This Review Has Zero Spoilers
The new Captain America is a lot like a Bourne movie, so if those are your thing, I can confirm that this is indeed a feast of shakey-cam fight scenes and official-looking people tersely explaining things. The plot moves quickly, so if you can’t follow along, just assume that anyone sneering like Snidely Whiplash is about to turn evil and anyone making glib small talk is probably a good guy.
Captain America is a fun character, and Chris Evans plays him with just the right mix of gee whiz sincerity and winky charm. Not to mention he has those bicep veins that make it look like a giant is trying to smuggle penises in his t-shirt. It’s a shame that such a likable actor with such penisy arms is stuck in such a bland, charmless movie. Captain America: The Winter Soldier is so dry and procedural that it feels like you’re watching Law and Order: Special Beefcakes Edition. Its ADHD plot requires so much exposition that it’s less like watching a movie than having a movie breathlessly explained to you.
It starts off promisingly enough, with the newly-unfrozen Cap checking his to-do list of things he needs to know in order to understand the 21st century – a nice, lighthearted scene utilizing the same superhero-out-of-water formula that worked so well in both Thor movies. But it’s a misdirect, and the film quickly devolves into a charmless cycle of one supposedly portentous reveal after the next, where a character with no recognizable personality had turned evil and back again, then a shakey cam fight sequence followed by someone explaining why the kryptonite u-joint algorithm in space sector four was going to set S.H.I.E.L.D. back centuries unless Cap could get the nuclear uvulator back from the Romulans and jam it into the allspark hyperdrive in time to reverse the polarity of the space-time continuum and– FOR THE LOVE OF GOD STOP DIAGRAMMING UNNECESSARILY CONVOLUTED MACGUFFINS!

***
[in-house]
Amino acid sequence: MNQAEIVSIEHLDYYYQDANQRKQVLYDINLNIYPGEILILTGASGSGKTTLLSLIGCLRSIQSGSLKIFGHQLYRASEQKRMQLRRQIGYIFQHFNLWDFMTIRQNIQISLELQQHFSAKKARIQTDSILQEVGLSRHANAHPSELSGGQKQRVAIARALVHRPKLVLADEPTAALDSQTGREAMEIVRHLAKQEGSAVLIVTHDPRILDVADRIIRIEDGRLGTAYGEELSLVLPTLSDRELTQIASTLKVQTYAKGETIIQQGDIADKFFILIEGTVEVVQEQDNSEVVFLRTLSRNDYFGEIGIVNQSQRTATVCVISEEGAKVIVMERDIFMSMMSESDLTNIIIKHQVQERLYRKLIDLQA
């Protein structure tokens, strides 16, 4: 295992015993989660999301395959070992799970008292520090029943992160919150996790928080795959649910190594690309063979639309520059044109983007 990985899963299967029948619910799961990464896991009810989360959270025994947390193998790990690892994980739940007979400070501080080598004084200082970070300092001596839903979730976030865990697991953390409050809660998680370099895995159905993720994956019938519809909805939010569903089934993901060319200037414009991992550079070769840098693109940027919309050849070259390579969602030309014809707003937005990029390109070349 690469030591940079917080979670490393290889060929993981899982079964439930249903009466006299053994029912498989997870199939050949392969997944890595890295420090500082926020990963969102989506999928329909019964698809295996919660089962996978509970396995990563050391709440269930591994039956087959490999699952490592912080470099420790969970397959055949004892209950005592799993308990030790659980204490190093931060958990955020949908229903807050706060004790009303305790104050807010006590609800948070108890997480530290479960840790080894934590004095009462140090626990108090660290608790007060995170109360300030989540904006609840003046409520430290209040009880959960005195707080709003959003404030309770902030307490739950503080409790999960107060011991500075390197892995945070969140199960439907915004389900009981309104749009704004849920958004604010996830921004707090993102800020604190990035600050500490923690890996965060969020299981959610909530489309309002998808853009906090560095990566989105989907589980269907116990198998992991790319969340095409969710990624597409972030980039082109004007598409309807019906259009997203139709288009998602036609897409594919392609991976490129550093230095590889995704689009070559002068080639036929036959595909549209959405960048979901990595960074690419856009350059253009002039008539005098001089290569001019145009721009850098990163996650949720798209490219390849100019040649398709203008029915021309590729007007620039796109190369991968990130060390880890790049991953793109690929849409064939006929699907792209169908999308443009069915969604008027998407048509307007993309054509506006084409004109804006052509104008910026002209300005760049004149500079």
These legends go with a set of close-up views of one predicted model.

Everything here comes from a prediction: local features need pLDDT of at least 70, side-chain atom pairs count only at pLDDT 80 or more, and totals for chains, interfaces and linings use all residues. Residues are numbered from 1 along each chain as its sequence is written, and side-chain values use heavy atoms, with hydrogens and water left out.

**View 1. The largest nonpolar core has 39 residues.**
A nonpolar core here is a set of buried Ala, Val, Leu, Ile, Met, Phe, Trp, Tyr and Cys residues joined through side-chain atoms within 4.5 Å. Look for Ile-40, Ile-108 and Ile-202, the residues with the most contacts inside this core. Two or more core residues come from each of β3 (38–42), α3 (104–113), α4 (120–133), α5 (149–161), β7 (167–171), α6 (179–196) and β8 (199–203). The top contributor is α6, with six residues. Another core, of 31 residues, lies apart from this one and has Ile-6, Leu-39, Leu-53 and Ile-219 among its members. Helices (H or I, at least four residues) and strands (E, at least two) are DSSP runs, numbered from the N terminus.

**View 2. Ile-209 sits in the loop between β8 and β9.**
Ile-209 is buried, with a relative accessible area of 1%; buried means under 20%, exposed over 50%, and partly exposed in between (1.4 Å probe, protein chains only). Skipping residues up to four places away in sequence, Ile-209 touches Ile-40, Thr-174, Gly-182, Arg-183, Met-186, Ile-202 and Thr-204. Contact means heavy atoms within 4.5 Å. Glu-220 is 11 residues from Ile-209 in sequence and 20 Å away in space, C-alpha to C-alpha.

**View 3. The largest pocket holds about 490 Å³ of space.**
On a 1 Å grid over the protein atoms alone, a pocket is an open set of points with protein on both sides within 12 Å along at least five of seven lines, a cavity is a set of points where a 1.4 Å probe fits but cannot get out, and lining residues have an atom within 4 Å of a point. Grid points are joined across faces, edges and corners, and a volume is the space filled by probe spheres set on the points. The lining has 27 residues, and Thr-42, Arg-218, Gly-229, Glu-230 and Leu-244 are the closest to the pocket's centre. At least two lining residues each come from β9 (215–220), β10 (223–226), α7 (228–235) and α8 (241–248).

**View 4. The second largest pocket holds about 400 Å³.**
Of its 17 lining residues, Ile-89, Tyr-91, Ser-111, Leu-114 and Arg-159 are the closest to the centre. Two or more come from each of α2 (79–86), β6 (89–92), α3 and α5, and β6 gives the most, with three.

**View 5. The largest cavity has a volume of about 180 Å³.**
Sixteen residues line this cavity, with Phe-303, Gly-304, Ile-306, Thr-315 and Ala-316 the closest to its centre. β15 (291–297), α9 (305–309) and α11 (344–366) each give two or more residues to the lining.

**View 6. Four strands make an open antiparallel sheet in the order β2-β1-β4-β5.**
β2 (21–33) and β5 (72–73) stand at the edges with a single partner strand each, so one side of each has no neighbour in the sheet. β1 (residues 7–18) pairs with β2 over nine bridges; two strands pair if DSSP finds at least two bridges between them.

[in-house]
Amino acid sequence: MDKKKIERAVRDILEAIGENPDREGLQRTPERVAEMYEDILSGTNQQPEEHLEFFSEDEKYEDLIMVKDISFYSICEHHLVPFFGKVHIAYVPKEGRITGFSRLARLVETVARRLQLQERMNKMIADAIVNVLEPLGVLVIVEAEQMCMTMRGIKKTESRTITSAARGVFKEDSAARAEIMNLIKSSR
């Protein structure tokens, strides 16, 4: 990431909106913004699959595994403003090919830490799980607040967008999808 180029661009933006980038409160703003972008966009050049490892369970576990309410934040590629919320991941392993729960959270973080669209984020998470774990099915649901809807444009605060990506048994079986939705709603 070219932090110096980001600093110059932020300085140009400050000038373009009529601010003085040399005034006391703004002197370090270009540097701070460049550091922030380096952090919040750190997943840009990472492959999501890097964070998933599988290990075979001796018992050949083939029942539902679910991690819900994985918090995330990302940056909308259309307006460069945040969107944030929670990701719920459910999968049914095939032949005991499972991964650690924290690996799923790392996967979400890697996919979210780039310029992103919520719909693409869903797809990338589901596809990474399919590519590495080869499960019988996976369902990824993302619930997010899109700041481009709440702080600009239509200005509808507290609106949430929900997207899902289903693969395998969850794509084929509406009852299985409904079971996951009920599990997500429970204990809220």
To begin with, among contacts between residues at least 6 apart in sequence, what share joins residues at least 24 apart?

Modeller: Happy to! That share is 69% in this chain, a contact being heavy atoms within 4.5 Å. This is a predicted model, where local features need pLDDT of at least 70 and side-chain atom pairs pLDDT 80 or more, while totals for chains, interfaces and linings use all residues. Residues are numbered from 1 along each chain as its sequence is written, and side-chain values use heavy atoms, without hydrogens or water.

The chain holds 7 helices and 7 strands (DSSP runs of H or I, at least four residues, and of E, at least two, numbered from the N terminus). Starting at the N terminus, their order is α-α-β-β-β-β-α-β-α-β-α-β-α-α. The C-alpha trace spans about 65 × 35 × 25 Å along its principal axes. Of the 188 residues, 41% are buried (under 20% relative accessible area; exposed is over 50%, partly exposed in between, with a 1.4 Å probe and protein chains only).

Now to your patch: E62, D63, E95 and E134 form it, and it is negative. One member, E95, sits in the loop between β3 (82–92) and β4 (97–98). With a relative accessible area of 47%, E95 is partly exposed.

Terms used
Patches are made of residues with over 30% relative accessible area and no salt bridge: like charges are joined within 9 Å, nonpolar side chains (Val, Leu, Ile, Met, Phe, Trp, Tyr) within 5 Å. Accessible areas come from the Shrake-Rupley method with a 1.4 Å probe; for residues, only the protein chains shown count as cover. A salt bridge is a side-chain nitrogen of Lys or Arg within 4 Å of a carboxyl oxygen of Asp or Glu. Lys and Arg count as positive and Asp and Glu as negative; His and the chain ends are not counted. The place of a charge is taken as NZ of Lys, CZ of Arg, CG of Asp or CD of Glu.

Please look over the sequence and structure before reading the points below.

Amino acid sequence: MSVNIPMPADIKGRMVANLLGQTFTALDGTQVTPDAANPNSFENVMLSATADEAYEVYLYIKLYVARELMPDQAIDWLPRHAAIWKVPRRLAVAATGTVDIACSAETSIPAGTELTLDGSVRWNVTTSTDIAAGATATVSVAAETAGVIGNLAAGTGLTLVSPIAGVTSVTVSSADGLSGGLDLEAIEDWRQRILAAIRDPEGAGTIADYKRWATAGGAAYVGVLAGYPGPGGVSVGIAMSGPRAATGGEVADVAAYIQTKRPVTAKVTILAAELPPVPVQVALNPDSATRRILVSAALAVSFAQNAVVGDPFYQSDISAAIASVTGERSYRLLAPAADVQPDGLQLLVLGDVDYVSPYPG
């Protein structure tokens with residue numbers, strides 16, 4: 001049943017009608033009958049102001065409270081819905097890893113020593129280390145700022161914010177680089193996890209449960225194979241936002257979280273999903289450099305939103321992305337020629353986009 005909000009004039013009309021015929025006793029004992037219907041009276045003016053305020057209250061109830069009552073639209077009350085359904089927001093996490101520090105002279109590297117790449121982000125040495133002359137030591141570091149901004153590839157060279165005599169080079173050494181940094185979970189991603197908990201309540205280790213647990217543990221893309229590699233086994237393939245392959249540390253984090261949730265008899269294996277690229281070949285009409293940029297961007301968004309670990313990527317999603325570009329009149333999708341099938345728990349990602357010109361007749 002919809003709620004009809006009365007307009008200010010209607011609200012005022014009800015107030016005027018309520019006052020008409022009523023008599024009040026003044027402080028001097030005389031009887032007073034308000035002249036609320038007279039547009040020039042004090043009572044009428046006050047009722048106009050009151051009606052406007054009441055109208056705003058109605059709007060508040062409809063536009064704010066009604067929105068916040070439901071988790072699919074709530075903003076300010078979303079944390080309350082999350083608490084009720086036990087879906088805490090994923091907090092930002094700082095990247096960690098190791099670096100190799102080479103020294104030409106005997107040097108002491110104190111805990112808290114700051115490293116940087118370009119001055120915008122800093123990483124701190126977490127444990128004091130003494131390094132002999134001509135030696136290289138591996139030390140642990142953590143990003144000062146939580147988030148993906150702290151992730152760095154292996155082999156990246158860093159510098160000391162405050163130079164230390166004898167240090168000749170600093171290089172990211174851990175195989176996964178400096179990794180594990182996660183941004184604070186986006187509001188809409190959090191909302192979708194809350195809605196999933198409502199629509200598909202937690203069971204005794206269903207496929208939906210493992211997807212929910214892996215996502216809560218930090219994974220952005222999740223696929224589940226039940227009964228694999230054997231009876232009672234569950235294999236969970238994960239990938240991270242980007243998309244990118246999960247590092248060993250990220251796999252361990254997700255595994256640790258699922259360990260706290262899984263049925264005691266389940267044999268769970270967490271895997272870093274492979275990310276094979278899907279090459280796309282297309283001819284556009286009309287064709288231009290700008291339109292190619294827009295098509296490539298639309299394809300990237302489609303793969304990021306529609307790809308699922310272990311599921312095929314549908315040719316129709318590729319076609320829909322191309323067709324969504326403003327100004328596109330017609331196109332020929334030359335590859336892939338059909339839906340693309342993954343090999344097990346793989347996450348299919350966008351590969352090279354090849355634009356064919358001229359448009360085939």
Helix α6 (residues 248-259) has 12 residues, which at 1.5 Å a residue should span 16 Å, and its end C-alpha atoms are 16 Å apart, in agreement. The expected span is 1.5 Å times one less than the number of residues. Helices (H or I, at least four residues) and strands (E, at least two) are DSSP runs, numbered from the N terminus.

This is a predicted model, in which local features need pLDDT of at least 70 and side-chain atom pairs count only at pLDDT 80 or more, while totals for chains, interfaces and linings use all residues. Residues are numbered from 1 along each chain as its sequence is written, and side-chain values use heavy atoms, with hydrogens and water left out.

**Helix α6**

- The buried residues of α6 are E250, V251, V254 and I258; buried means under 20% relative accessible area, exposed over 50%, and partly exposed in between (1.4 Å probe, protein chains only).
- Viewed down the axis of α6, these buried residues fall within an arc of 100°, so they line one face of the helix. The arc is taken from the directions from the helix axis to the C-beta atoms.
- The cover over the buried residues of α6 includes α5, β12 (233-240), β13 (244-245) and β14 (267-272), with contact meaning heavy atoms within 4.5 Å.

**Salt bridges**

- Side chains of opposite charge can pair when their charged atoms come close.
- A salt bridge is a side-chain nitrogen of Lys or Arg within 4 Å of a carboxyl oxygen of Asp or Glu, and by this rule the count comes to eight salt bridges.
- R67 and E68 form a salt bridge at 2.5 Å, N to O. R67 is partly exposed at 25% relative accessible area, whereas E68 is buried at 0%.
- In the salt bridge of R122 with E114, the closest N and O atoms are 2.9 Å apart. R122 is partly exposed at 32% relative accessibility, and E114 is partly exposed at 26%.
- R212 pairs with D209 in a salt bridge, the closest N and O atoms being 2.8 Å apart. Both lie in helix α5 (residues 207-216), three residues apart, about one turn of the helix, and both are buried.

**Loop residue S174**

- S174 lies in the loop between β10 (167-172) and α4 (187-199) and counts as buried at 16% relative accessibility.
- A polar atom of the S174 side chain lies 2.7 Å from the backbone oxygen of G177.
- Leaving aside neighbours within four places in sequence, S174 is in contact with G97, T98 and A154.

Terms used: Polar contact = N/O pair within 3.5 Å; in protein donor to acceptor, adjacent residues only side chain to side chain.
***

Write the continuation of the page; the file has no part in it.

Just as I was hoping they’d skip to the next fight scene, the next fight scene would actually start, and it would be just as bloodless and unfun as the exposition, a mish-mash of reverse angle close-ups that offer little more than CLANG CLANG outcome (to be fair, the clang sounds were fantastic).
The plot and the fight scenes are actually a related problem. A shakey-cam fight sequence doesn’t allow you the ability to actually see what’s happening, it’s just a couple quick swipes and then a smash cut to the result – one guy recoiling from a hard body shot or whatever. You lose all sense of spacial awareness and choreography, and the focus is all on the result, the “what” of what just happened. The “how” of it is all just blurs and clangs. In Winter Soldier, Blur-blur-outcome is exactly how the plot functions as well. Something happens way too fast and chaotically for you to follow it, so someone helpfully shows up two seconds later to explain it, usually with a touch screen.
Thing is, I don’t care about the “what.” It’s a superhero movie. The “what” is the same every damned time. A giant mechanical thing threatens the Earth, a buff guy punches it out of the sky, the end. I go in knowing that, because I want to see the “how.” Marvel has been pretty good at it so far, realizing that the joy of a superhero movie is the dance and the charm of it, the slapstick of the Hulk slamming Loki around the room by his feet in The Avengers, or the over-the-top comedy of Thor 2. The fun of it isn’t the obtuse machinations of our national security apparatus, or “intense” fight scenes made up of a series of grunts and punches and thumps that are SO BADASS, BRO.